Nepal is home to 8 of the 10 highest mountains in the world; it will therefore come as no surprise that mountain trekking in the Himalayas is a hugely popular activity, and many tourists opt to explore the Annapurna section of the Himalayas near to Pokhara. Given that we had a limited amount of time in Nepal due to our pre-booked flights to Malaysia the three week trek around the Annapurnas wasn't a possibility for us. Instead we opted to tackle a 5-6 day trek on a loop up to the hilariously named Poon Hill (at a slightly less amusing height of 3210m) and back.
We took a bus to our starting point and made our way through the village and various license-checking points before our trek could start for real. The first few hours were a fairly gentle introduction to the Himalayas. The path was a steady incline that was taxing without being painful, and which twisted through a picturesque valley area. We got our first sneak peek of a snowy peak which gave us plenty of motivation to climb higher and see more.
As well as the local people going about there daily business there was plenty of wildlife in the form of birds, dragonflies, grasshoppers and butterflies as well as working animals in the form of mules transporting goods up and down the mountain, cows and water buffalos.
On our first check of the map we were pleasantly surprised by the speed of our progress. We thought that we had reached the first village on the map, however it turned out that the small collections of 3 or 4 buildings we had occasionally passed constituted villages, and we were therefore much further on that we had anticipated. Consequently we started to reconsider how far we could get by the end of the day. Inevitably, however, the going started to get tougher and the path turned into a steep path, then into stone stairs. When planning the route of the path up to Poon Hill the Nepalese neglected to consider out-of-shape tourists not used to climbing mountains on a daily basis; instead they created steps pretty much straight up the mountainside out of the plentiful supply of large rocks. The result of this not insignificant amount of effort is a steep, seemingly never ending stairway of irregularly shaped rocks, mostly stable but occasionally wobbly.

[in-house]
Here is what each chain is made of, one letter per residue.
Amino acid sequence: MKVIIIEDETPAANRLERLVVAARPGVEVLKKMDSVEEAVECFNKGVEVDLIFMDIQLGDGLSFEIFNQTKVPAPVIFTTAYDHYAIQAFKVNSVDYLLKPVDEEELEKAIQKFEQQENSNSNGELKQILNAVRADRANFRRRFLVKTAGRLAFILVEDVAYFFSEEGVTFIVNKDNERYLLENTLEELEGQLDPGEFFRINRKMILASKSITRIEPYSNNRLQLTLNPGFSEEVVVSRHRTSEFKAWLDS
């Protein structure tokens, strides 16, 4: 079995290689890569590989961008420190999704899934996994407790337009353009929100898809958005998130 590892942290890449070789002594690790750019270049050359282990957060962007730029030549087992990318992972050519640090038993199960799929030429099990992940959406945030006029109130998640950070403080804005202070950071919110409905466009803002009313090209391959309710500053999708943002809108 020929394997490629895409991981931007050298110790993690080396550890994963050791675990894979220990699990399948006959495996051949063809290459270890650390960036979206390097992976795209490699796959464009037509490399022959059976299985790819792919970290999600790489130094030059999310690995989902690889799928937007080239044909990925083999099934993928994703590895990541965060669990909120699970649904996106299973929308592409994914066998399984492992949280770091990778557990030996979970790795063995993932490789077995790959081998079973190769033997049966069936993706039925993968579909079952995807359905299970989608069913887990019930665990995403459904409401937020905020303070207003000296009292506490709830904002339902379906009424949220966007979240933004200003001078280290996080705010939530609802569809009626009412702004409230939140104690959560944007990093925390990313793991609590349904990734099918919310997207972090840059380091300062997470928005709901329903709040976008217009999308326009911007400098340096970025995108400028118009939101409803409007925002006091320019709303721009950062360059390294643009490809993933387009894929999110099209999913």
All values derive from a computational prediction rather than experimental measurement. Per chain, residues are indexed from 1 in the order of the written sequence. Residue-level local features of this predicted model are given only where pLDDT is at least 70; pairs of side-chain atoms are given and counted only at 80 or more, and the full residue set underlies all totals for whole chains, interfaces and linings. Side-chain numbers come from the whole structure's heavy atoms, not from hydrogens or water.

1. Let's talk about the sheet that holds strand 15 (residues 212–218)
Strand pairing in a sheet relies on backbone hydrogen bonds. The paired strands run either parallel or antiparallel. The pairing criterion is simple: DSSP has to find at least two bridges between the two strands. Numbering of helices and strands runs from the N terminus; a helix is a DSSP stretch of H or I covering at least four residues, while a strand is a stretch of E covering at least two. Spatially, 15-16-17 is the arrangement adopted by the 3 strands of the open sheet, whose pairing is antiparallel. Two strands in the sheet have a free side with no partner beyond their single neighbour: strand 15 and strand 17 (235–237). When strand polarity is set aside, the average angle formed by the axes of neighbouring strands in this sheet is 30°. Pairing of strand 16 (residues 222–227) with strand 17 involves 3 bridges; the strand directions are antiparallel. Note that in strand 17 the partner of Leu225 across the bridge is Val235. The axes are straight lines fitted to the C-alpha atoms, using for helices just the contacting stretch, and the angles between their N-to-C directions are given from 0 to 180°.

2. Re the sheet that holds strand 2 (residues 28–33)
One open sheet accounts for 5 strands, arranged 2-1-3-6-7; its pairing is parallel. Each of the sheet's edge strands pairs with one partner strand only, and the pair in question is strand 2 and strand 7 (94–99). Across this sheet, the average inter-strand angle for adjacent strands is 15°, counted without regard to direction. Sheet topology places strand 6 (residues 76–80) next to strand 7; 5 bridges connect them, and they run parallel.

For a while the steps were bearable, but after a couple of hours they became pretty tedious, and the burn in the thighs became quite painful. It wouldn't have been so bad if there was some occasional respite in the form of a flat section or, luxury of luxuries, a downhill section to give us a break from the continuous climb and from having to look down at our feet the whole time, but alas we were not so lucky. The views were pretty spectacular, but unfortunately our enjoyment of them was restricted to rest stops.
We have since learned that the final section of our trek on Day 1 from the rope-bridge to Uleri consists of 3300 steps – the equivalent of climbing up the Empire State Building, then the Eiffel Tower,then the Tokyo Tower ... and then the Statue of Liberty ... followed by 6 trips up your stairs at home, all after already having walked uphill for 5 hours. The feeling when we saw signs for Uleri was one of elation. This elation turned to disappointment as we realised that we had not yet made it, and then into frustration as we discovered that were were still some way off. And it began to rain. Unbeknownst to either of us at the time, this last section was the final straw for Monique.
When we finally arrived in Uleri the selection of guesthouses was slim but cheap (they only charge $1 per night for the room, but then insist that you eat at their overpriced restaurant) and we settled into a passable room, ate dinner with a friendly Spanish couple, and had a well deserved sleep.
Rain. More rain. Lots more rain.